..Fluoxetine may be associated with pseudolymphomata and marginal zone lymphoma. The inhibitory effects on T-lymphocyte function and more specifically T-suppressor function may lead to excessive antigen-driven B-cell proliferation. ..
  19. Vossler D, Conry J, Murphy J. Zonisamide for the treatment of myoclonic seizures in progressive myoclonic epilepsy: an open-label study. Epileptic Disord. 2008;10:31-4 pubmed publisher
    ..These results suggest that zonisamide may be useful in the treatment of patients with PME. However, due to the size and open-label character of this study, further research is required. ..
  20. McAuley J, Casey J, Long L. An evaluation of pharmacists' knowledge of women's issues in epilepsy. Epilepsy Behav. 2009;14:243-6 pubmed publisher
  21. Elliott J. Possible methods for the prevention of bone loss in persons with epilepsy. Expert Rev Neurother. 2009;9:797-812 pubmed publisher
    ..Consensus guidelines are needed for the prevention, screening and treatment of BMD loss in epilepsy...
  22. Boison D, Chen J, Fredholm B. Adenosine signaling and function in glial cells. Cell Death Differ. 2010;17:1071-82 pubmed publisher
    ..Eventually, glial adenosine-modulating drug targets might be an attractive alternative for the treatment of neurodegenerative diseases. There are, however, several major open questions that remain to be tackled. ..
  23. Boison D. Modulators of nucleoside metabolism in the therapy of brain diseases. Curr Top Med Chem. 2011;11:1068-86 pubmed
    ..Finally, novel gene-based therapeutic strategies to inhibit nucleoside metabolism and focal treatment approaches will be discussed. ..
  24. Griss R, Schena A, Reymond L, Patiny L, Werner D, Tinberg C, et al. Bioluminescent sensor proteins for point-of-care therapeutic drug monitoring. Nat Chem Biol. 2014;10:598-603 pubmed publisher
    ..This low-cost point-of-care method could make therapies safer, increase the convenience of doctors and patients and make therapeutic drug monitoring available in regions with poor infrastructure. ..
  25. Galligan J, North R. MK-801 blocks nicotinic depolarizations of guinea pig myenteric neurons. Neurosci Lett. 1990;108:105-9 pubmed
    ..It is concluded that MK-801 can act as a non-competitive antagonist of nicotinic responses in myenteric neurons. ..
  26. Reoux J, Saxon A, Malte C, Baer J, Sloan K. Divalproex sodium in alcohol withdrawal: a randomized double-blind placebo-controlled clinical trial. Alcohol Clin Exp Res. 2001;25:1324-9 pubmed
    ..A more aggressive loading dose strategy may demonstrate a more robust or earlier response. ..
  27. Bartha A, Shen J, Katz K, Mischel R, Yap K, Ivacko J, et al. Neonatal seizures: multicenter variability in current treatment practices. Pediatr Neurol. 2007;37:85-90 pubmed
    ..Trials of anticonvulsants with long-term neurodevelopmental follow-up are needed to develop evidence-based treatment guidelines. ..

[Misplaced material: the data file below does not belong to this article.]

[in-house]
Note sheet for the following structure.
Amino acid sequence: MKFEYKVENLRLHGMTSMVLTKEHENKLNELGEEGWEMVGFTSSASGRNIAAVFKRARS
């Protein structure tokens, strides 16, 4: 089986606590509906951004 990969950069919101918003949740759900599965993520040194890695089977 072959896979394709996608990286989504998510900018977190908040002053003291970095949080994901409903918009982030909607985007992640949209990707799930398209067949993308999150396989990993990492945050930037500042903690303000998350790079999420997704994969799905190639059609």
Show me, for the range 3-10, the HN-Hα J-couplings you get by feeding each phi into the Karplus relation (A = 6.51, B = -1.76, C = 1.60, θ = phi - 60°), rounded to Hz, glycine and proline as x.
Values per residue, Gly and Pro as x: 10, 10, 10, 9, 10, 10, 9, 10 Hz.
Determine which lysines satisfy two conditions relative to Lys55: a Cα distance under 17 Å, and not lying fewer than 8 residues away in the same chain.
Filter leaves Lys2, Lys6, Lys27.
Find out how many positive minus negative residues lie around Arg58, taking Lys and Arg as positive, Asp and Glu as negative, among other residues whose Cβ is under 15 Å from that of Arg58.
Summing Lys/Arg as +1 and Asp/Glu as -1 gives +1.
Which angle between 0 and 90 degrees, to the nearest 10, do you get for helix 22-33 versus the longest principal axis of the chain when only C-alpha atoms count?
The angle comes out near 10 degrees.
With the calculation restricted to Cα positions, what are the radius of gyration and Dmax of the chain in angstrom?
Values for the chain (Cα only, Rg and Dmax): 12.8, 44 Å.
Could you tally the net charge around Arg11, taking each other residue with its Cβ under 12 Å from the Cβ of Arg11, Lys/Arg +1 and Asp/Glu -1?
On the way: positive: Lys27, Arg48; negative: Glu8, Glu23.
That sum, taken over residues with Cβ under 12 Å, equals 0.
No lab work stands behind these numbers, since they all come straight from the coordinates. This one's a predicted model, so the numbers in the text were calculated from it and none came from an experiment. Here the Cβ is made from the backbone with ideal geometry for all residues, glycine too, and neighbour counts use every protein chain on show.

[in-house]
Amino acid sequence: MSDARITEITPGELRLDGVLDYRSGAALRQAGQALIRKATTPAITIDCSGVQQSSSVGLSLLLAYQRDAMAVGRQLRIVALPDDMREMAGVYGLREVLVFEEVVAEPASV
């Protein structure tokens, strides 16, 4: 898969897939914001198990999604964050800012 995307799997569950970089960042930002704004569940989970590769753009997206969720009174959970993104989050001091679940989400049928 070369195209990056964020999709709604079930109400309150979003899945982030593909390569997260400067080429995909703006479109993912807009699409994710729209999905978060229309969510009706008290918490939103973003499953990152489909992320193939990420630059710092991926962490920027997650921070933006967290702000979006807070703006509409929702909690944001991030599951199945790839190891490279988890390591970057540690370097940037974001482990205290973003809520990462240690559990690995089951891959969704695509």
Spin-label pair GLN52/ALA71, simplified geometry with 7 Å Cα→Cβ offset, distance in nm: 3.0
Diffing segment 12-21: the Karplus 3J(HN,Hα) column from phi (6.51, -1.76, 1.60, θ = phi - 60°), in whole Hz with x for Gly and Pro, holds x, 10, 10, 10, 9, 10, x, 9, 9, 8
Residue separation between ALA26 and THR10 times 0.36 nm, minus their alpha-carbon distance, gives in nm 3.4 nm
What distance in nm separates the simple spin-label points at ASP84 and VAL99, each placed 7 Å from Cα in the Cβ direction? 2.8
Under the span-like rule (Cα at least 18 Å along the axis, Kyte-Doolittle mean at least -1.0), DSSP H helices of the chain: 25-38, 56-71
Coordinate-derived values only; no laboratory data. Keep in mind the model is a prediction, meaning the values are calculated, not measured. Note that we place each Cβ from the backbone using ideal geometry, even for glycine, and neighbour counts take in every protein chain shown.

28. Sheth R, Binkley N, Hermann B. Gender differences in bone mineral density in epilepsy. Epilepsia. 2008;49:125-31 pubmed
    ..Age at onset of epilepsy, growth trends, and hormonal differences may underlie these gender differences. Lower bone accrual in adolescence may contribute to increased fracture risk for both men and women with epilepsy. ..
  29. Liu C, Xanthopoulos P, Chaovalitwongse W, Pardalos P, Uthman B. Antiepileptic drug intervention decouples electroencephalogram (EEG) signals: a case study in Unverricht-Lundborg Disease. Conf Proc IEEE Eng Med Biol Soc. 2008;2008:2108-11 pubmed publisher
    ..This finding could lead to a new insight for developing a new outcome measure for patient with ULD, when UMRS could potentially fail to detect a significant difference. ..
  30. Devinsky O, Dilley C, Ozery Flato M, Aharonov R, Goldschmidt Y, Rosen Zvi M, et al. Changing the approach to treatment choice in epilepsy using big data. Epilepsy Behav. 2016;56:32-7 pubmed publisher
    ..Our goal will be to strengthen the predictive power of the model by integrating diverse data sets and potentially moving to prospective data collection. ..
  31. Becker H, Veatch L. Effects of lorazepam treatment for multiple ethanol withdrawals in mice. Alcohol Clin Exp Res. 2002;26:371-80 pubmed
  32. Costa L, Aschner M, Vitalone A, Syversen T, Soldin O. Developmental neuropathology of environmental agents. Annu Rev Pharmacol Toxicol. 2004;44:87-110 pubmed
    ..Additionally, the issue of silent neurotoxicity, i.e., persistent morphological and/or biochemical injury that remains clinically unapparent until later in life, is discussed. ..
  33. Sheth R. Bone health in pediatric epilepsy. Epilepsy Behav. 2004;5 Suppl 2:S30-5 pubmed
    ..The literature related to bone health in pediatric epilepsy is reviewed, although it should be noted that these data are limited. ..
  34. Lyons K, Pahwa R. Pharmacotherapy of essential tremor : an overview of existing and upcoming agents. CNS Drugs. 2008;22:1037-45 pubmed publisher